Why schools are failing students with dyslexia


Nora Joy

Students with dyslexia often struggle to read due to brain’s inability to process text efficiently.

Before I began my first day of kindergarten, I remember my mom coming up to me and asking what I was most excited to learn in kindergarten. I excitedly proclaimed that I wanted to learn to read all of the books on our bookshelf on my own; little did I know that I wouldn’t be capable of doing so nearly three years later. I had dyslexia, and had no idea.

According to the International Dyslexia Association, dyslexia is a neurobiological learning disability characterized by difficulty with accurate word recognition and spelling. Dyslexia is one of the most common learning disabilities and is thought to affect one in five people in the United States according to a Yale study. Of those with reading difficulties, dyslexia is estimated to make up anywhere from 70-80% of cases.

Despite this, dyslexia continues to be one of the most under-diagnosed learning disabilities within schools. In the United States, it is estimated that 40 million adults are dyslexic, while only two million of those adults have a formal diagnosis. These statistics are detrimental to the 95% of people who will never be diagnosed with dyslexia because when caught early, specific phonics-based reading programs can help students train their brains to decode and process words more effectively, ultimately allowing them to read at a level that is academically necessary.

Many students are not lucky enough to receive the necessary intervention while in school. Dyslexia can often be ignored as a potential reason for students struggling to learn to read. Even if a student is diagnosed with dyslexia, schools often lack the resources and professionals to help students with dyslexia learn to read.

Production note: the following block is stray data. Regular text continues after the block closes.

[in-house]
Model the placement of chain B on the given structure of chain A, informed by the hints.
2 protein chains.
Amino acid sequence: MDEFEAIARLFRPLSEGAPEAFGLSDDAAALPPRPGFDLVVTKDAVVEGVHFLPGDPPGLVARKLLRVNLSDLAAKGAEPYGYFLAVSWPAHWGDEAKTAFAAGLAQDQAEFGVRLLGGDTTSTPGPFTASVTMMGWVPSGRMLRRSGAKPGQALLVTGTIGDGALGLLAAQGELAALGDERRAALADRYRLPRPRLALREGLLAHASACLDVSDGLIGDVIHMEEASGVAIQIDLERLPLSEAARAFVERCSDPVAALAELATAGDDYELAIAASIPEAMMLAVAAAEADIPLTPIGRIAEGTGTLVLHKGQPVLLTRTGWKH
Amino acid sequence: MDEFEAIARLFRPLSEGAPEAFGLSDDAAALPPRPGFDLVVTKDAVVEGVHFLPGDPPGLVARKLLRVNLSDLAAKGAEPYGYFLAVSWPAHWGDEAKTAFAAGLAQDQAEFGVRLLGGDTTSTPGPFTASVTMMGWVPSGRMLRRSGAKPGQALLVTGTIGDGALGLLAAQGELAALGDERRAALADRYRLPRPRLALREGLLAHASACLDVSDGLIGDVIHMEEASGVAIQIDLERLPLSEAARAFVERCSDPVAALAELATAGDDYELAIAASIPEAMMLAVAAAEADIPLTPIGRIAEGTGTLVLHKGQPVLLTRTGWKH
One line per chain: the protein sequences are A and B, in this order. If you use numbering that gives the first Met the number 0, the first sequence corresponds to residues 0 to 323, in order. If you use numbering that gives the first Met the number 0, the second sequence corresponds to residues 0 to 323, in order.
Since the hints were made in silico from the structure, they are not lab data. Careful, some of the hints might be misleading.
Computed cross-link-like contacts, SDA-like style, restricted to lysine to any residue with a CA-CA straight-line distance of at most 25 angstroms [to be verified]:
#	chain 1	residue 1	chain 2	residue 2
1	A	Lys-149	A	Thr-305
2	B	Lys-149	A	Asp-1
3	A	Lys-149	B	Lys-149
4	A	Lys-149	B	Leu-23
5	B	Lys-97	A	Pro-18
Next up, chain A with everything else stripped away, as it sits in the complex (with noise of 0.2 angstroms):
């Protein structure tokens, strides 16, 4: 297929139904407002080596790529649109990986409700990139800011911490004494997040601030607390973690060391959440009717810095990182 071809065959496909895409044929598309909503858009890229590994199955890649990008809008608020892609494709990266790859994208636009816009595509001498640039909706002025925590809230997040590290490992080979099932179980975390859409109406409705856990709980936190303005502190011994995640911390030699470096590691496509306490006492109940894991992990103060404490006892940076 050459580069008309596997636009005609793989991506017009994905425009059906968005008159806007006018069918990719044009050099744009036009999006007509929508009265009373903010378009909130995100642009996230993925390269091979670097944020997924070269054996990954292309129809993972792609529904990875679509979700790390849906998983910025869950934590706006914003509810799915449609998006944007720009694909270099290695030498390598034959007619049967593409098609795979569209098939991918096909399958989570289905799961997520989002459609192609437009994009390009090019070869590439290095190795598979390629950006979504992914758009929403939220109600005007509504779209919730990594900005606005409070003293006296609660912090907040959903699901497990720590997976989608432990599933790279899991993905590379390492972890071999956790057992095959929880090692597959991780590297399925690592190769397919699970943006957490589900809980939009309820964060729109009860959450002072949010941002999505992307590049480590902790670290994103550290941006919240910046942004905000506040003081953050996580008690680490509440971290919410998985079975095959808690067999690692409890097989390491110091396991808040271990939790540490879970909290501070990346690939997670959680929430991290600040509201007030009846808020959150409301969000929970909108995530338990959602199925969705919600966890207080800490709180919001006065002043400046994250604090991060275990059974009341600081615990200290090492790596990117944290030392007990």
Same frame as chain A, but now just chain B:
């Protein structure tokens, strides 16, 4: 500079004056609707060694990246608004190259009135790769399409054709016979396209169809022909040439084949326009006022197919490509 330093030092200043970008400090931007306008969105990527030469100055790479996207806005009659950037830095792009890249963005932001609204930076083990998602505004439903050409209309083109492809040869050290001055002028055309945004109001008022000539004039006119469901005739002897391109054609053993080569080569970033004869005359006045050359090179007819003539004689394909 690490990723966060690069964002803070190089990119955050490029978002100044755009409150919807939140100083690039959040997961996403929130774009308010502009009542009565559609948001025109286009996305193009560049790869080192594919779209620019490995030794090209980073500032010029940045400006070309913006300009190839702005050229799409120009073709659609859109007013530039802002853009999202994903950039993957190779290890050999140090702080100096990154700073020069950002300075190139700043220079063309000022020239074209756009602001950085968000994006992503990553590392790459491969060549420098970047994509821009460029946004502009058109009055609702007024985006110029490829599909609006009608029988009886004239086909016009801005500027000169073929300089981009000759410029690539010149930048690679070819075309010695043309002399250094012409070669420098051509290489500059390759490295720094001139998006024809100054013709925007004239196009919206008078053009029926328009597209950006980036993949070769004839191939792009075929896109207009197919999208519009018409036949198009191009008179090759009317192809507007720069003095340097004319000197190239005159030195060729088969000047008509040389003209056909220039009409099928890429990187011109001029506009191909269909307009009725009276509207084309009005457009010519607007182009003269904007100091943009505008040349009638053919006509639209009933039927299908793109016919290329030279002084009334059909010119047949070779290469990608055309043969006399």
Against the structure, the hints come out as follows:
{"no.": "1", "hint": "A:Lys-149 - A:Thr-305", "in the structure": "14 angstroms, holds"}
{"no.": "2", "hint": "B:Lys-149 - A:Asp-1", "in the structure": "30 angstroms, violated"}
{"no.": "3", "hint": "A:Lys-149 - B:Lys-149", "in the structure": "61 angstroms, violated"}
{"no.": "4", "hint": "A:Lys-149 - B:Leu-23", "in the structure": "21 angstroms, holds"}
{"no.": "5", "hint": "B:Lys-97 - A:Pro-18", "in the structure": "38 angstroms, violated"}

This was the reality for me. When I was in second grade my mom-a teacher- first identified that I might be suffering from dyslexia, after she noticed that I was struggling to read and spell. Throughout her career, she had seen countless students suffer from dyslexia and understood the importance of getting a formal diagnosis. When she approached my school with this, she was told that the school did not provide any sort of specialized intervention for students with dyslexia.

My mom was told that I could continue using their reading intervention program that was based on repeated reading, or my family could find someone outside of the school district to tutor me with a phonics-based program. Knowing that the intervention the school was already providing me would do nothing for my learning disability, my family was forced to find our own tutor to help me work through my dyslexia.

Although the situation was unfortunate, I was lucky that my mom could recognize my dyslexia early and had connections in order to find a tutor for me. For three years I worked through a program called “Slant” which focuses on phonics and spelling rules in order to allow students with dyslexia to become more effective readers. Many students aren’t this fortunate.

Because of the tutoring I received, I was able to eventually get my reading up to grade level and finally could work at my academic potential. For the other estimated 10% of the students in my class also suffering from dyslexia, they were never able to receive the necessary intervention for their learning disability. This sets these students up for failure and immediately holds them back from their peers.

Students with dyslexia deserve to be diagnosed and receive proper assistance for their disability. Schools are fundamentally putting dyslexic students at a disadvantage by not providing dyslexia specific interventions. All students deserve to have the services provided that will allow them to reach their academic potential.